At a summit hosted by the New Baptist Covenant Thursday, former President Jimmy Carter expressed his horror about the state of the nation’s race relations.
According to an Associated Press report, Carter’s words came during his keynote address after a three-day summit in Atlanta that sought to bring black and white Baptist churches together around community issues. He said that he has seen a “resurgence of racism” in communities and asked church leaders to work together for change.
Citing two churches in Macon, Georgia that are a mere block apart, Carter said their congregations are different in race but can come together for the people of the city. Communities have “a very powerful potential weapon to set an example not just among Baptists, not just among churches, but in communities,” Carter said.
He noted that many times white Americans stay silent when they witness discrimination or segregation because they’re afraid to lose their “privileged” position. Doing so amounts to a kind of acceptance of “discrimination and animosity and hatred and division,” he explained.
A life-long Baptist and the founding organizer of the summit in 2007, Carter hoped to keep the event non-political, but couldn’t resist commenting on the election. He admitted he experienced “some degree of embarrassment” about the 2016 presidential race between Hillary Clinton and Donald Trump. In what seemed like a reference to Trump, Carter said that the many races, ethnicities and religions from “a beautiful mosaic” for our country and that we’ve always been “resilient” following deep divisions.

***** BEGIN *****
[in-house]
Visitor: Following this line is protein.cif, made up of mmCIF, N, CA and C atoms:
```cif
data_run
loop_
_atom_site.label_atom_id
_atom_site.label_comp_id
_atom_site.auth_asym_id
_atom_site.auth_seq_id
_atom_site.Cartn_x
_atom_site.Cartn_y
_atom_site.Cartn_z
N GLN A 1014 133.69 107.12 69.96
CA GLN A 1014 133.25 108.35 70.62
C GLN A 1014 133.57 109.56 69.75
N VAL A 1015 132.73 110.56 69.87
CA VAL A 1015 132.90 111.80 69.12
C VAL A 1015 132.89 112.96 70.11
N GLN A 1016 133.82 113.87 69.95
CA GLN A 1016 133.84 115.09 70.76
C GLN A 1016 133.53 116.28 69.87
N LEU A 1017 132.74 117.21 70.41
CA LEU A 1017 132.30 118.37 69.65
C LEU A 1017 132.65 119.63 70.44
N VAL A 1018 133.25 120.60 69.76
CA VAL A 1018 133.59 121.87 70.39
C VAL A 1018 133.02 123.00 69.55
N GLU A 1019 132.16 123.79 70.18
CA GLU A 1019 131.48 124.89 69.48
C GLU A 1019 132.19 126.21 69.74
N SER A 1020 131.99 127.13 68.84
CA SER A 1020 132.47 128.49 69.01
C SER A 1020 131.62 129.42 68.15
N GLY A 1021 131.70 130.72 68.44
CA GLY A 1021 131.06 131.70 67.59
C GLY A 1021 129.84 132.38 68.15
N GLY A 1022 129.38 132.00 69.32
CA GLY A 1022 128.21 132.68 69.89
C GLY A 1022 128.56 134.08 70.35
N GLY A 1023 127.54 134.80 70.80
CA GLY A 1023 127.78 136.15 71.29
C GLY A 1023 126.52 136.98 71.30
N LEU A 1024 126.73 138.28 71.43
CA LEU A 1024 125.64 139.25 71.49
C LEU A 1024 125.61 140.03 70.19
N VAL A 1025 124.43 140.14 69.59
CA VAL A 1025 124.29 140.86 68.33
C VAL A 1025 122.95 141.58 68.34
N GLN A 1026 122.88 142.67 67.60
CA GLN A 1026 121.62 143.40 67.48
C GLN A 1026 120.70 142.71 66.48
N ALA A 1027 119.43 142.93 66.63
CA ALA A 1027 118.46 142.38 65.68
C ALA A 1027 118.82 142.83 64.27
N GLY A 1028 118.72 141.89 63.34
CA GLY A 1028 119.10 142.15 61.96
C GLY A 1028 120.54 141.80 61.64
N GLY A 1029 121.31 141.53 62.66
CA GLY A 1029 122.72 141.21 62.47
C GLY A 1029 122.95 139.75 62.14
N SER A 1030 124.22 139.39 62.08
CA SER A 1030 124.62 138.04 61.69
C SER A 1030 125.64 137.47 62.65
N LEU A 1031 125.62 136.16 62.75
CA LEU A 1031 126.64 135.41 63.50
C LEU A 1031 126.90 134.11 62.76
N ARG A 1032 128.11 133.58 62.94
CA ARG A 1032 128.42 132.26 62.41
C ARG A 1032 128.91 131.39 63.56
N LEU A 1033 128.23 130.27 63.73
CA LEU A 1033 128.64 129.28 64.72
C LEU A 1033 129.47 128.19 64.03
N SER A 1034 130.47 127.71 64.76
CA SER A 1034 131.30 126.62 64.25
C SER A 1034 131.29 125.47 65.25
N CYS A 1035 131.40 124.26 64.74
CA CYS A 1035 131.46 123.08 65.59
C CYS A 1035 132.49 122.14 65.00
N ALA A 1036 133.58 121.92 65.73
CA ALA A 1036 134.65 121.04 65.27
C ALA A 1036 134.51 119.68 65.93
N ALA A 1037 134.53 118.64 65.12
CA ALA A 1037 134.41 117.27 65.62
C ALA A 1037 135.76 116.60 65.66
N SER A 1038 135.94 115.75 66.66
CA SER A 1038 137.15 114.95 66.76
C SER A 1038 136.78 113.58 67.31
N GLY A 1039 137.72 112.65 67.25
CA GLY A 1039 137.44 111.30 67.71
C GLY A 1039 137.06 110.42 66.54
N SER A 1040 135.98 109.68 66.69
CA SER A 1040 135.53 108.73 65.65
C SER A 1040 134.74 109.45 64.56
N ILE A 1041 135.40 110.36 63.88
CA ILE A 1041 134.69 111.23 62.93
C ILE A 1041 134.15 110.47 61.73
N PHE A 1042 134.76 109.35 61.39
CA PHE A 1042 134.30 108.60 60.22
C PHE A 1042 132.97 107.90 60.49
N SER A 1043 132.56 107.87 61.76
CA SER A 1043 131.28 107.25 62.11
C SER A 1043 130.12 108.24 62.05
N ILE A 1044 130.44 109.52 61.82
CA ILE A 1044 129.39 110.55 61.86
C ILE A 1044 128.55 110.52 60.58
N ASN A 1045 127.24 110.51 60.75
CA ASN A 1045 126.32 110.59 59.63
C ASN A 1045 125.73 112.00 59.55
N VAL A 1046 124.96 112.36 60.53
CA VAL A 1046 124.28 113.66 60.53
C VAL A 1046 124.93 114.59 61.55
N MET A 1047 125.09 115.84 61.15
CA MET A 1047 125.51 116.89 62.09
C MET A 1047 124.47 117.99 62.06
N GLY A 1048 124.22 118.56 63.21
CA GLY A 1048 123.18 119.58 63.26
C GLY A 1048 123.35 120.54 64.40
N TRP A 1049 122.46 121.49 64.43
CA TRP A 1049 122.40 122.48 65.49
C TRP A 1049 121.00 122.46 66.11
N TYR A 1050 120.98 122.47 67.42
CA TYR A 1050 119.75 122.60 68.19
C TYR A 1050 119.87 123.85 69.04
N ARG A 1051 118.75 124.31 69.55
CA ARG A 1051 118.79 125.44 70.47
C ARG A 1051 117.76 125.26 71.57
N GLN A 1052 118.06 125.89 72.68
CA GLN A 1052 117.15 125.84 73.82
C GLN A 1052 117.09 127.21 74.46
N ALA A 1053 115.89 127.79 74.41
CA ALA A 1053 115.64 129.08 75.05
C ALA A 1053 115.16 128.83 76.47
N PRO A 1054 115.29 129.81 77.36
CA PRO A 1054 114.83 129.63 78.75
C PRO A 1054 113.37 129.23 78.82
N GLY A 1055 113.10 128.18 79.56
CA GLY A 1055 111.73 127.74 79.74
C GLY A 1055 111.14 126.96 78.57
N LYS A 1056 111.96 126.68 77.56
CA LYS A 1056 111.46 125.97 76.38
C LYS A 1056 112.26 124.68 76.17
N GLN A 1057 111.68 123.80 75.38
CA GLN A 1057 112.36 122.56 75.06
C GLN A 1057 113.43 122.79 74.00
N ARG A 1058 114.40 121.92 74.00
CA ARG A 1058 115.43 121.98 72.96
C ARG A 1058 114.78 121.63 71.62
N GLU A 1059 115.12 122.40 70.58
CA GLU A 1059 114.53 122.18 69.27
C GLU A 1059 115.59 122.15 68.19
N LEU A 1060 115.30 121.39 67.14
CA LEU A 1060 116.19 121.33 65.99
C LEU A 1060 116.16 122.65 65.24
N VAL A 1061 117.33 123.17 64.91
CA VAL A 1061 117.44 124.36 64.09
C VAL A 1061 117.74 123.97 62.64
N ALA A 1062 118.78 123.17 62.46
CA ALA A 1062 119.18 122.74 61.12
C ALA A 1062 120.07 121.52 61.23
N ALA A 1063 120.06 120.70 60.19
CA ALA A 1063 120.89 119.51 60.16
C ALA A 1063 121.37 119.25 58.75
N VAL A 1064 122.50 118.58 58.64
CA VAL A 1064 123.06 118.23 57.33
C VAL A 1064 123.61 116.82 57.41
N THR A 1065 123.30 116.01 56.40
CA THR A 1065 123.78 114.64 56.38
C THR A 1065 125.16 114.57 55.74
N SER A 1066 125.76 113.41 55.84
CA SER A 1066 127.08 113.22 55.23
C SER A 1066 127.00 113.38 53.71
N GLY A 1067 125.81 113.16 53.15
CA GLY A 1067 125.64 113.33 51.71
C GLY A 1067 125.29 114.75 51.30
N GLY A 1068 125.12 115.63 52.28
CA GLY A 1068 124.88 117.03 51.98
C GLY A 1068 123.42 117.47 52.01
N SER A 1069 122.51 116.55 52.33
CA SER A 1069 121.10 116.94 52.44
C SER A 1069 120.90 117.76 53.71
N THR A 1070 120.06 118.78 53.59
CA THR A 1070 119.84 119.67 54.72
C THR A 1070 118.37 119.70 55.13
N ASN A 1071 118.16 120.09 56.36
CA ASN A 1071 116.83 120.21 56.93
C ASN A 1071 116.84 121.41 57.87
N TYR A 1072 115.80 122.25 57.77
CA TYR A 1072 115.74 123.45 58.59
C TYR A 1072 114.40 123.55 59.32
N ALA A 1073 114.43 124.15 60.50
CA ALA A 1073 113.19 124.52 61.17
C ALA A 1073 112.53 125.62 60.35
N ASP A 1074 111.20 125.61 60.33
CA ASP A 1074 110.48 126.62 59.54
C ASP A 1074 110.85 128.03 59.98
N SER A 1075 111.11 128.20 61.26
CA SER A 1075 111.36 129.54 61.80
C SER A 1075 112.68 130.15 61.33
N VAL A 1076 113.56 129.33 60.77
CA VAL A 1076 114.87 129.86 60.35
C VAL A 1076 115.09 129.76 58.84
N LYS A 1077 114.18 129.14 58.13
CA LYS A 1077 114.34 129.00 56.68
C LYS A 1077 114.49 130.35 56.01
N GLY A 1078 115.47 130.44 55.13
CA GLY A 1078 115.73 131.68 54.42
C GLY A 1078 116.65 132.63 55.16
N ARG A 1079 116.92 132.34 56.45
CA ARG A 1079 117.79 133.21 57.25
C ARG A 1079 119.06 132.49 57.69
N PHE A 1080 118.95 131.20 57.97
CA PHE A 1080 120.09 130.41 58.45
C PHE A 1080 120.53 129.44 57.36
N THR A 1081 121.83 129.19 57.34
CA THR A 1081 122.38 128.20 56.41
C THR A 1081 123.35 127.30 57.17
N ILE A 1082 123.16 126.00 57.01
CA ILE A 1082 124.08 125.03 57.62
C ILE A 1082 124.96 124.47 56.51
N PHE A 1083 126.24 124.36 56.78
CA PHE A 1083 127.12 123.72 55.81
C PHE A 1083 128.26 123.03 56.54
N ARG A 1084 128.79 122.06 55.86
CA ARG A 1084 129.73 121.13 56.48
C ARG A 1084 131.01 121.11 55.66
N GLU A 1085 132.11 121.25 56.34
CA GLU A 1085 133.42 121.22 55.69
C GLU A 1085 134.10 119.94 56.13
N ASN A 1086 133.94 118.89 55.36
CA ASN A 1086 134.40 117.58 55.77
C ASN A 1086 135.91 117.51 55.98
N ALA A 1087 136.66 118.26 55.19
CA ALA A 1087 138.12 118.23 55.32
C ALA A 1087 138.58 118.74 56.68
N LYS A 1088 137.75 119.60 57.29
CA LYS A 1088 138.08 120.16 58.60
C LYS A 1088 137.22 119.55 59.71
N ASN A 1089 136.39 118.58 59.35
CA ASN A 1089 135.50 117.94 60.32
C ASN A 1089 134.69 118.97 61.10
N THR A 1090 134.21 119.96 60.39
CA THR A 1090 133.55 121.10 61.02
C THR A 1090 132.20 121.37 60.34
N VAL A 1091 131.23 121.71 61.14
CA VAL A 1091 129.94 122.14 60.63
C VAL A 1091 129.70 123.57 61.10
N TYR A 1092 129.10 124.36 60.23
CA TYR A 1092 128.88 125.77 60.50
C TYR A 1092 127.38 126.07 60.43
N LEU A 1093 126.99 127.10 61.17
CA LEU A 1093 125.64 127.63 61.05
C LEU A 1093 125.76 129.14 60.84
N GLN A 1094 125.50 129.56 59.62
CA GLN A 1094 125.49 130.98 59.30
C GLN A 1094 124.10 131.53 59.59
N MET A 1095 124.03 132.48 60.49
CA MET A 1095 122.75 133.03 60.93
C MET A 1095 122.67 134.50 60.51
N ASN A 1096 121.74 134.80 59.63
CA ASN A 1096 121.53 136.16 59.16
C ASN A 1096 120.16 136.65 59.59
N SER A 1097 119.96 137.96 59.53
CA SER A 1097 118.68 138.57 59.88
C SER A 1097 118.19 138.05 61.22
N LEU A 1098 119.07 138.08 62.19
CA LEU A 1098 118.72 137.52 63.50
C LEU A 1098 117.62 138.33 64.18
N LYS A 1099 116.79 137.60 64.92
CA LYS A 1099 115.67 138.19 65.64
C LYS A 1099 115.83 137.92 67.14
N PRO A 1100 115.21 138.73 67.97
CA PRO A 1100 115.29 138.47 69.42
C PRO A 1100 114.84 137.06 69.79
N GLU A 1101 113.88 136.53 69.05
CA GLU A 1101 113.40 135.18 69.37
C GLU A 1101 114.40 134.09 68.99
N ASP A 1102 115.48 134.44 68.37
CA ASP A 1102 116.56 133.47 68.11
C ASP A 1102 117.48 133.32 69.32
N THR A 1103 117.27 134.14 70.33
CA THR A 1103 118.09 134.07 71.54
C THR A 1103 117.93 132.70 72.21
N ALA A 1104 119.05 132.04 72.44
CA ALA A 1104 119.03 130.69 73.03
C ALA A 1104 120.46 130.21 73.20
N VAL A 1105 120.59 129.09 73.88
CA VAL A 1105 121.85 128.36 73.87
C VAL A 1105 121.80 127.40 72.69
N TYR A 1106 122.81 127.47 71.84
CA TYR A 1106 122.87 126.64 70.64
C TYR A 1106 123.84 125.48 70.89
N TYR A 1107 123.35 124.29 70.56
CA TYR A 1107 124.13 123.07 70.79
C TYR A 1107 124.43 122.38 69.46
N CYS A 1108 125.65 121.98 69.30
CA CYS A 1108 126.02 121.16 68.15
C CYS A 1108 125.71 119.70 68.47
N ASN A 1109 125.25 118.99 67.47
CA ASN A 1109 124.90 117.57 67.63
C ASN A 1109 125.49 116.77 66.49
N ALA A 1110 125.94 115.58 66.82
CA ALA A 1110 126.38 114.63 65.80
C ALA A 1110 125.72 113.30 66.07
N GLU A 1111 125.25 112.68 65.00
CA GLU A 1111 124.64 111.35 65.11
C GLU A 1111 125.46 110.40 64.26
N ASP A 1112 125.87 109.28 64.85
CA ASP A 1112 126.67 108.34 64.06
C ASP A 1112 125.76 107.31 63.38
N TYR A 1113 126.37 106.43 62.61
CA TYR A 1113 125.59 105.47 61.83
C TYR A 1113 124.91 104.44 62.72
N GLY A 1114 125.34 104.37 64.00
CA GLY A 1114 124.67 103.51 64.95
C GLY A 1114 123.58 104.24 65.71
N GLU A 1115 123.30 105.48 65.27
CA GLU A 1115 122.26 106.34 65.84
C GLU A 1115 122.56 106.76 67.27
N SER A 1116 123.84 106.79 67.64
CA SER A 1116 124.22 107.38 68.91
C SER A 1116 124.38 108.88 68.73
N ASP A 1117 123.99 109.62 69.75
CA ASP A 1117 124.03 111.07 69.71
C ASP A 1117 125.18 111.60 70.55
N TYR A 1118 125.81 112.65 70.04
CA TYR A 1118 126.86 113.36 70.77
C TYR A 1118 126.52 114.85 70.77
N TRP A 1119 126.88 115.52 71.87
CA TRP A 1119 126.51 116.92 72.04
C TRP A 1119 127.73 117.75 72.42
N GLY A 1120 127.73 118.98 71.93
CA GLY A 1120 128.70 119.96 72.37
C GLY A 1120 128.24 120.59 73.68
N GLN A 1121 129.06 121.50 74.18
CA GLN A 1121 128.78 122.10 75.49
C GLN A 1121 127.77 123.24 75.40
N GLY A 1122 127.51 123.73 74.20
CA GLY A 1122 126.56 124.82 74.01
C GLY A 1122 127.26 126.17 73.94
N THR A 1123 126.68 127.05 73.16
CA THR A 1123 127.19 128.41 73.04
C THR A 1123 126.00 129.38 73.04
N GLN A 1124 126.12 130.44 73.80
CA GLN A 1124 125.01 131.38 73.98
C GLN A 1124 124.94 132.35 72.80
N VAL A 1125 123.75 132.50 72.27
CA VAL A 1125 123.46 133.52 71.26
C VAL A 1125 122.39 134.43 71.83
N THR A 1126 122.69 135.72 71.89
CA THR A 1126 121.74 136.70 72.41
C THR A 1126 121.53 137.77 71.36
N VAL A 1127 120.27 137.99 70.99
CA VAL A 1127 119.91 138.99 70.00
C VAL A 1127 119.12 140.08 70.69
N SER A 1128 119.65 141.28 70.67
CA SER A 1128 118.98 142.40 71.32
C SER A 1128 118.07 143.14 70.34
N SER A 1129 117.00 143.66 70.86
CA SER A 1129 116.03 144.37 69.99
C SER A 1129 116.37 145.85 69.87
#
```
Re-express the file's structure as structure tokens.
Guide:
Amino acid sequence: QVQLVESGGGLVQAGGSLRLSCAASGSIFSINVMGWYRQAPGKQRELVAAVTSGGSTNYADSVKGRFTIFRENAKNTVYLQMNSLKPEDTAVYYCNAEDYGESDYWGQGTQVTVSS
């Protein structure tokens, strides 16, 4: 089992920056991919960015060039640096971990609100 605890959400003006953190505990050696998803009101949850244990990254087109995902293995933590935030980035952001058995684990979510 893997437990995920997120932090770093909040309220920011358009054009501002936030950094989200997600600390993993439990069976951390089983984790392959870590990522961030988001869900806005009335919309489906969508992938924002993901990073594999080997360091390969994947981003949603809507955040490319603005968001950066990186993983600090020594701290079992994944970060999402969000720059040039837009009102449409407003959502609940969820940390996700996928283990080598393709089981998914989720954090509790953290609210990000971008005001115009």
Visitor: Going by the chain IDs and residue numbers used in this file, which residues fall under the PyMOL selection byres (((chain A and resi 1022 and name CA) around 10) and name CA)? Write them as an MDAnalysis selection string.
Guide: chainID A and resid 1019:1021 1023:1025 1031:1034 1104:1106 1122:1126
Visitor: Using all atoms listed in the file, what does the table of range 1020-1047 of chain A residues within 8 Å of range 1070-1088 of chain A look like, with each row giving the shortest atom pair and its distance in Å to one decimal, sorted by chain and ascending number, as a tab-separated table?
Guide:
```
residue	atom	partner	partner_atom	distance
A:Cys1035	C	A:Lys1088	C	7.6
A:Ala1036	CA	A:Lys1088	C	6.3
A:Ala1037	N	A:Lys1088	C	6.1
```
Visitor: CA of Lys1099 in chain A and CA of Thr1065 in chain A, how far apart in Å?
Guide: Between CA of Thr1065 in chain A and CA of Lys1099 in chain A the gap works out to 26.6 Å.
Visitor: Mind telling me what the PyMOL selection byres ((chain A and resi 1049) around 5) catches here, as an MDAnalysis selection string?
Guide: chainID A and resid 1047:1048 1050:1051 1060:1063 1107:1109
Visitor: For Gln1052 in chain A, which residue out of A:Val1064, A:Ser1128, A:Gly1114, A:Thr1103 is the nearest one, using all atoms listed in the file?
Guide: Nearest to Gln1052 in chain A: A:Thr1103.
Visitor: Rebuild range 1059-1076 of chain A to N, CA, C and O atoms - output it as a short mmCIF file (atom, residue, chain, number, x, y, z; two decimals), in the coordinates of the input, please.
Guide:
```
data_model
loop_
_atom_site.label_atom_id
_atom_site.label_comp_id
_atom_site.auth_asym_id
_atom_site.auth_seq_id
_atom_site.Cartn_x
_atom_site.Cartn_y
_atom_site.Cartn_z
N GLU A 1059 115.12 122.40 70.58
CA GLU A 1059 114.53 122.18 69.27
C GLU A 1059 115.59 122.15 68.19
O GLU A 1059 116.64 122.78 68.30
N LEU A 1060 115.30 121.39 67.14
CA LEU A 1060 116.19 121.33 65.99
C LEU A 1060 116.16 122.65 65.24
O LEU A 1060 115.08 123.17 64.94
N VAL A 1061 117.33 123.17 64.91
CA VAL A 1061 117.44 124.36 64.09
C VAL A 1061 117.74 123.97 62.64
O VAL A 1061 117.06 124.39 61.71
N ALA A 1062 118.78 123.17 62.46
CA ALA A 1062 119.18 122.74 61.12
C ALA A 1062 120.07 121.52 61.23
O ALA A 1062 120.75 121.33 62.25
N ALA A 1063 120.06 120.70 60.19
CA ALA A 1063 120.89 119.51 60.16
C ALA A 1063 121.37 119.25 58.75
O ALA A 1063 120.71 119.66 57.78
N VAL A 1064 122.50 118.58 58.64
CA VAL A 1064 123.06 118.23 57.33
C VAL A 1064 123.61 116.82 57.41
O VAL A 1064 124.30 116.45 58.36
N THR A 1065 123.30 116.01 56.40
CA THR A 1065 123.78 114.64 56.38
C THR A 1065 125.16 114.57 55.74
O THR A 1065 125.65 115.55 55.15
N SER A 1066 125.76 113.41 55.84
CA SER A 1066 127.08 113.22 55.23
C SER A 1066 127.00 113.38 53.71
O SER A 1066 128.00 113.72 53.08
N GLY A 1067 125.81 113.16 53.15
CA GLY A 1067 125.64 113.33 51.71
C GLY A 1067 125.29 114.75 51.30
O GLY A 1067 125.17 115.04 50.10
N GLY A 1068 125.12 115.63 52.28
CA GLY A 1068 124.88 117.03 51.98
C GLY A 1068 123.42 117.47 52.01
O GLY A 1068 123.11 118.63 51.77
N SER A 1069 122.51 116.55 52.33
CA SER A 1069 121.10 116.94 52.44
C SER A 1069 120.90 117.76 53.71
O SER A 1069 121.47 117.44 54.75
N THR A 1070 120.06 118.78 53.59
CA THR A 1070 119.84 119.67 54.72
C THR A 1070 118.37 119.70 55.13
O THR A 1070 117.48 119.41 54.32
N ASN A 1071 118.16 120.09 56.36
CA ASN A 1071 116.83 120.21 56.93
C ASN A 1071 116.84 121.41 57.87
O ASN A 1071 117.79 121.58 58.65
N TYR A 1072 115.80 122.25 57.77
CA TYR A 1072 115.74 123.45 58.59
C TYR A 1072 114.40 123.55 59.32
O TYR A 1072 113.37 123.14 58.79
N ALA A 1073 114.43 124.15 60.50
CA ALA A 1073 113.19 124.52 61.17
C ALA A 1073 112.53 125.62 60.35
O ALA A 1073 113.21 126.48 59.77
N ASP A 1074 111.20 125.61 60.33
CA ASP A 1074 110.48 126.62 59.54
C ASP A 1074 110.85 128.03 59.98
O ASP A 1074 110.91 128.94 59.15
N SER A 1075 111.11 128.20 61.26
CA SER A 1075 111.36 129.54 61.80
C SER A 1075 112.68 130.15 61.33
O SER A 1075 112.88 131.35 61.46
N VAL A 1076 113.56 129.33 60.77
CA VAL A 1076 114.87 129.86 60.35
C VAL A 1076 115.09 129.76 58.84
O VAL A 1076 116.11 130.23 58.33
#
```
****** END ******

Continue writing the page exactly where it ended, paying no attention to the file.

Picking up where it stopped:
“I think there will be a positive reaction after this election,” Carter said. “I pray it will come out a certain way, but I think there will be a lot of lessons learned. And I think the average person in America now will be looking at how to do better things, how to have a superb American policy on peace and human rights and other aspects of life. I think we’ll raise our standards as a public and I believe our next president will accommodate that inclination.”
While Carter didn’t talk about who he was voting for he did admit that all 22 members of his family “all vote the same way.”
“They have inherited some genes or something that causes them to look with favor on the New Baptist Covenant and on one of the parties,” said Carter with a grin. The audience laughed.